Clarke and Dagg are the subject of an academic study and journal. [35]



  • Fred Dagg's Year (1975)[36]
  • The Thoughts of chairman Fred (1976)[36]
  • The Fred Dagg Careers Advisory Bureau (1978)[41]
  • The Fred Dagg Scripts (1981)[42]
  • Daggshead Revisited (1982)[43]
  • The Complete Book of Australian Verse (1989)[41]
  • A Complete Dagg (1989)[43]
  • Great Interviews of the Twentieth Century (1990)[43]
  • A Royal Commission into the Australian Economy (1991) (with Ross Stevenson)[43]
  • More Great Interviews (1992). St Leonards, N.S.W., Allen and Unwin. ISBN 1-86373-268-3
  • The Even More Complete Book of Australian Verse (1994) ISBN 9781921922152
  • A Dagg at My Table (1996)[44]
  • Still the Two (1997)[45]
  • The Games (1999) (with Ross Stevenson)[3]
  • The Games II: Sharing the Blame (2000) (with Ross Stevenson) ISBN 9780733309595
  • The Tournament (2002) ISBN 9781921776786
  • The Howard Miracle (2003) ISBN 9781877008856
  • The 7.56 report (2006) ISBN 9781921776816
  • The Catastrophe Continues: Selected Interviews (2008) ISBN 9781921351938


  • Fred Dagg's Greatest Hits (1975)
  • Fred Dagg Live (1976)
  • The Fred Dagg Tapes (1979)
  • Various - The Gillies Report: The Songs (1985) - vocals and lyrics for various songs
  • John Clarke & Bryan Dawe - Great Interviews Of The Twentieth Century (1990)
  • John Clarke & Bryan Dawe - The Annual Report (1991)
  • John Clarke & Bryan Dawe - Secret Men's Business (1996)
  • The Even More Complete Book Of Australian Verse (2013)


  1. Boland, Michaela (11 April 2017). "John Clarke: from Fred Dagg to mentor of comedians". The Australian. Retrieved 11 April 2017.
  2. Clarke, John (1976). The Thoughts of Chairman Fred. Wellington: Fourth Estate Books. p. 26.
  3. "John Clarke, the man behind New Zealand cultural icon Fred Dagg, has died". 11 April 2017. Retrieved 11 April 2017.
  4. Clarke, John (2012). A Dagg at My Table: Selected Writings. Text Publishing. pp. 69–74. ISBN 1921776773.
  5. Meade, Amanda (10 April 2017). "John Clarke, satirist and comedian, dies aged 68". The Guardian. Retrieved 10 April 2017.
  6. Moran, Rob; Carmody, Broede; Quinn, Karl (10 April 2017). "John Clarke's 'incalculable gift' for sarcasm deserved 'Nobel Prize', say friends, comedians". The Sydney Morning Herald. Retrieved 11 April 2017.
  7. "Renowned satirist John Clarke dead at 68". 10 April 2017. Retrieved 10 April 2017.
  8. Edwards, Paul M. (2016). World War I on Film: English Language Releases through 2014. McFarland. p. 37. ISBN 9781476620633.
  9. Martin, Helen; Edwards, Sam (1997). New Zealand Film, 1912–1996. Oxford University Press. p. 126. ISBN 9780195583366.
  10. Moran, Albert; Vieth, Errol (2009). The A to Z of Australian and New Zealand Cinema. Scarecrow Press. p. 304. ISBN 9780810863477.
  11. "Clarke & Dawe (Home page)". ABCNews.
  12. "John Clarke dies: Your favourite Clarke and Dawe sketches". ABCNews. 11 April 2017. Retrieved 18 April 2017.
  13. Aria Awards 1991 Archived 8 June 2009 at the Wayback Machine. Retrieved 23 July 2009.
  14. Aria Awards 1992 Archived 26 September 2007 at the Wayback Machine. Retrieved 23 July 2009.
  15. Aria Awards 1997 Archived 22 December 2007 at the Wayback Machine. Retrieved 23 July 2009.
  16. "Beloved Kiwi comedian John Clarke dies". 10 April 2017. Retrieved 10 April 2017.
  17. Stratton, David (10 April 2017). "Review: 'Crackerjack'". Variety. Retrieved 30 October 2002.
  18. Kuipers, Richard (28 October 2003). "Review: 'Roy Hollsdotter Live'". Variety. Retrieved 10 April 2017.
  19. Craven, Peter (19 June 2004). "Murray Whelan Series: articles". The Age. Retrieved 10 April 2017.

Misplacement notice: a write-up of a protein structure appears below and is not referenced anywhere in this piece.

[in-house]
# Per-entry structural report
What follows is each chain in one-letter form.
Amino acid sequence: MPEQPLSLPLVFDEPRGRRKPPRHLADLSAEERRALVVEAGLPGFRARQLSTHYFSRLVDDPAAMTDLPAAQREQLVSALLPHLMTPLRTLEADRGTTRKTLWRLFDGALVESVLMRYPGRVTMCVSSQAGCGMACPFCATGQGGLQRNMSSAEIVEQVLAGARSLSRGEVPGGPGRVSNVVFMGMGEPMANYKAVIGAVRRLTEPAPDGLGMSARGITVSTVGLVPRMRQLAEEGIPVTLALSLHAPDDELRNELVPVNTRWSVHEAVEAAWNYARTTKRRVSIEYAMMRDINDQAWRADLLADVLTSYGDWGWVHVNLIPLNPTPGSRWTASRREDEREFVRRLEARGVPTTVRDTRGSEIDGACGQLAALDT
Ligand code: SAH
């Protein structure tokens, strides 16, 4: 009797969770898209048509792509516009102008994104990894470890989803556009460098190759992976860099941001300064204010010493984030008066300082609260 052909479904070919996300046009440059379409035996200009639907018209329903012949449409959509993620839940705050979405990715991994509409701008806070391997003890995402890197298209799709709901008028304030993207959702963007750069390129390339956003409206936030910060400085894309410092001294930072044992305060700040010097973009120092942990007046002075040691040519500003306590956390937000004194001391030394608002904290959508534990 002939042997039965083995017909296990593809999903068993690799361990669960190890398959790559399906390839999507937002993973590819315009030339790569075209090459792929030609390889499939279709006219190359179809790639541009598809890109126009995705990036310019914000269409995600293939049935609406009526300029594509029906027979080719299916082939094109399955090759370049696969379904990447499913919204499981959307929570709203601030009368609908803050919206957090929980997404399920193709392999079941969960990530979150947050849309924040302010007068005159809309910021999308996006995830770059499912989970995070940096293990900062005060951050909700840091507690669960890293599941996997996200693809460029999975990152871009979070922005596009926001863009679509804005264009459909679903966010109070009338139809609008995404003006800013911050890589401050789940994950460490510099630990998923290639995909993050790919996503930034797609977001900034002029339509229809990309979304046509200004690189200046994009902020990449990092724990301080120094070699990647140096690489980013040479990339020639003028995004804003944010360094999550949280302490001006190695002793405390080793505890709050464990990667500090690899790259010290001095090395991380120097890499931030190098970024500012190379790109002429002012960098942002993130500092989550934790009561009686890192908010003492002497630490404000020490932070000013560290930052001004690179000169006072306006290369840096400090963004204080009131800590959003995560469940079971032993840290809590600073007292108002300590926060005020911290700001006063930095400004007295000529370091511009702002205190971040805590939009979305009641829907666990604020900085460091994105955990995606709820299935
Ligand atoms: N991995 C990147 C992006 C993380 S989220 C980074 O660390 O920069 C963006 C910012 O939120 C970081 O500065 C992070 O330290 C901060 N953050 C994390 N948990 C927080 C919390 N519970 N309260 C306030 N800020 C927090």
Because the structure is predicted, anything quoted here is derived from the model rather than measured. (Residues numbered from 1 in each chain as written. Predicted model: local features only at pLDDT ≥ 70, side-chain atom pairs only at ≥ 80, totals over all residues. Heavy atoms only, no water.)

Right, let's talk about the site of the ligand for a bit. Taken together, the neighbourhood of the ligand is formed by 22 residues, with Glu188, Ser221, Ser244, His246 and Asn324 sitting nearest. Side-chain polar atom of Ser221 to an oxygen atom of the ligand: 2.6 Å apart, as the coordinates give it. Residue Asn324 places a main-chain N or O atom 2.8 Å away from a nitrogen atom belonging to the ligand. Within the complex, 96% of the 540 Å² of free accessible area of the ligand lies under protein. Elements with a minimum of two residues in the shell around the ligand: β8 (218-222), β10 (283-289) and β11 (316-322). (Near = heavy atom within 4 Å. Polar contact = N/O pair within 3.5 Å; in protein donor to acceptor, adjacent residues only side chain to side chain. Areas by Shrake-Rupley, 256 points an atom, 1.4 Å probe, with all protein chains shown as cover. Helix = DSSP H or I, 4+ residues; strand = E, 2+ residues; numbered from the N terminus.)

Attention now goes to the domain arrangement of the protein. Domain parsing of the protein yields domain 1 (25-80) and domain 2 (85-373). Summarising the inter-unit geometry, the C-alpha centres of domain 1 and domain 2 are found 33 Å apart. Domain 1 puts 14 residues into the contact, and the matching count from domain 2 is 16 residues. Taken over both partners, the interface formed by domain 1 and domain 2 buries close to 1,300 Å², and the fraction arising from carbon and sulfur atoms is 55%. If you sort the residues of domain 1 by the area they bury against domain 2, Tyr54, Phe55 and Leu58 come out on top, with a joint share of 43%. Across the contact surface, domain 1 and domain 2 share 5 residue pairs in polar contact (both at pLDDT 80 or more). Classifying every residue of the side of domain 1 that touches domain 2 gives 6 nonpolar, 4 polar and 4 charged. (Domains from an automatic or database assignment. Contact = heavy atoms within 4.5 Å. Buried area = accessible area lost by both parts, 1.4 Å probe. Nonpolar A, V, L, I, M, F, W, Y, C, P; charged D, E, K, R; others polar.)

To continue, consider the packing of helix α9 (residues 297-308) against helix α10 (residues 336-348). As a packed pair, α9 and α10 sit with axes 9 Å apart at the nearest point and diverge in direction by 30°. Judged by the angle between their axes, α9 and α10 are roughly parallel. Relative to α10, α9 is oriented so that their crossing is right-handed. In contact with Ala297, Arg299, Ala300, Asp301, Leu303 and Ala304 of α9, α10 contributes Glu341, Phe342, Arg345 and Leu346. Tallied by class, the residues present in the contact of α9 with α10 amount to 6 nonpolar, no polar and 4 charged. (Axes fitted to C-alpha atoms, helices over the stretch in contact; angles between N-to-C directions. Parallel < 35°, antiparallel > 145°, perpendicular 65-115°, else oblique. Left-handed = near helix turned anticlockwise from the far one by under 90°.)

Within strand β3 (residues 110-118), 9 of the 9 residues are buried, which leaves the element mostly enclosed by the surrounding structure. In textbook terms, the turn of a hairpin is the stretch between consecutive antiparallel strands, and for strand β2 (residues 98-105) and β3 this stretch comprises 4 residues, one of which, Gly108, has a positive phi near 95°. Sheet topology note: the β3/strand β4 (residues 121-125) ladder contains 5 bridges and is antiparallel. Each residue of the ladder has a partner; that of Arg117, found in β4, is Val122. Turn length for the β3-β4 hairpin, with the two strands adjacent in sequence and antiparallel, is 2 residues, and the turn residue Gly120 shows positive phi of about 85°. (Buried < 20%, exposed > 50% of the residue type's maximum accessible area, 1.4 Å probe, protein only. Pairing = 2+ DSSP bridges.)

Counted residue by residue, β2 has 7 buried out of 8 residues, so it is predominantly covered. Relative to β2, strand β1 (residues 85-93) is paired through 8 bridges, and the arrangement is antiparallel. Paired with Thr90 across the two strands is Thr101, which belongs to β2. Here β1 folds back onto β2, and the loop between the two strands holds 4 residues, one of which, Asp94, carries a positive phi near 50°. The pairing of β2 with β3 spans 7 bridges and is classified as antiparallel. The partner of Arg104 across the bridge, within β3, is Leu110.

20. Taylor, DJ (28 June 2003). "Review: The Tournament by John Clarke". The Guardian. Retrieved 10 April 2017.
  21. "Vale John Clarke". Film Victoria. 10 April 2017. Retrieved 11 April 2017.
  22. "The Byron Kennedy Award" (PDF). Australian Academy of Cinema and Television Arts (AACTA). Archived from the original (PDF) on 3 March 2016. Retrieved 11 April 2017.
  23. TV Week Logies Awards 2008 Archived 20 February 2009 at the Wayback Machine. Retrieved 23 July 2009.
  24. Thomsen, Simon (10 April 2017). "John Clarke, one of Australia's funniest men, has died". Business Insider Australia. Retrieved 10 April 2017.
  25. "2017 ARIA Awards Nominated Artists Revealed". Australian Recording Industry Association (ARIA). 10 October 2017. Retrieved 11 October 2017.
  27. "Satirist John Clarke, of Clarke and Dawe fame, dies aged 68". ABC News. 10 April 2017.
  28. Staff writers (10 April 2017). "Renowned satirist John Clarke dead at 68". The Canberra Times. Retrieved 10 April 2017.
  29. Meade, Amanda (10 April 2017). "John Clarke, satirist and comedian, dies aged 68". The Guardian. Retrieved 10 April 2017.
  30. "John Clarke: Thanks for your time". ABCTV.
  31. Donovan, Samantha (10 April 2017). "A tribute to the much loved satirist John Clarke".
  32. Ferguson, Zoe (10 April 2017). "Ross Stevenson, co-writer on The Games, reflects on John Clarke's legacy". The World Today.
  33. "Overnights" (15 April 2017). "A tribute to John Clarke".
  35. "Late comedian John Clarke and his muchloved alter-ego Fred Dagg subject of major academic study". Stuff (Fairfax). 18 August 2019.
  36. Robinson, Roger; Wattie, Nelson, eds. (1998). The Oxford Companion to New Zealand Literature. Oxford University Press. p. 107. ISBN 9780195583489.
  37. "Fred Dagg creator John Clarke dies at 68". NZ Herald. 10 April 2017. Retrieved 11 April 2017.
  38. Moran, Albert; Keating, Chris (2009). The A to Z of Australian Radio and Television. Scarecrow Press. p. 90. ISBN 9780810870222.
  39. Kuipers, Richard (28 October 2003). "Review: 'Roy Hollsdotter Live'". Variety. Retrieved 11 April 2017.
  40. Buckmaster, Luke (18 October 2015). "A Month of Sundays review – schleppy tale of Adelaide real-estate". The Guardian. Retrieved 11 April 2017.
  41. Donnelly, Marea (10 April 2017). "Much-loved satirist John Clarke was a Dagg with sharp wit". The Daily Telegraph. Retrieved 11 April 2017.
  42. Australian Book Review, Issues 38-47. National Book Council (Australia). 1982. p. 31.
  43. Who's Who of Australian Writers. D.W. Thorpe. 1991. p. 97. ISBN 9780909532819.
  44. Clarke, John (1998), A Dagg at my table : selected writings, Text Publishing, ISBN 978-1-875847-67-9
  45. Pearce, Suzannah (2007). Who's who in Australia. Herald and Weekly Times. p. 457.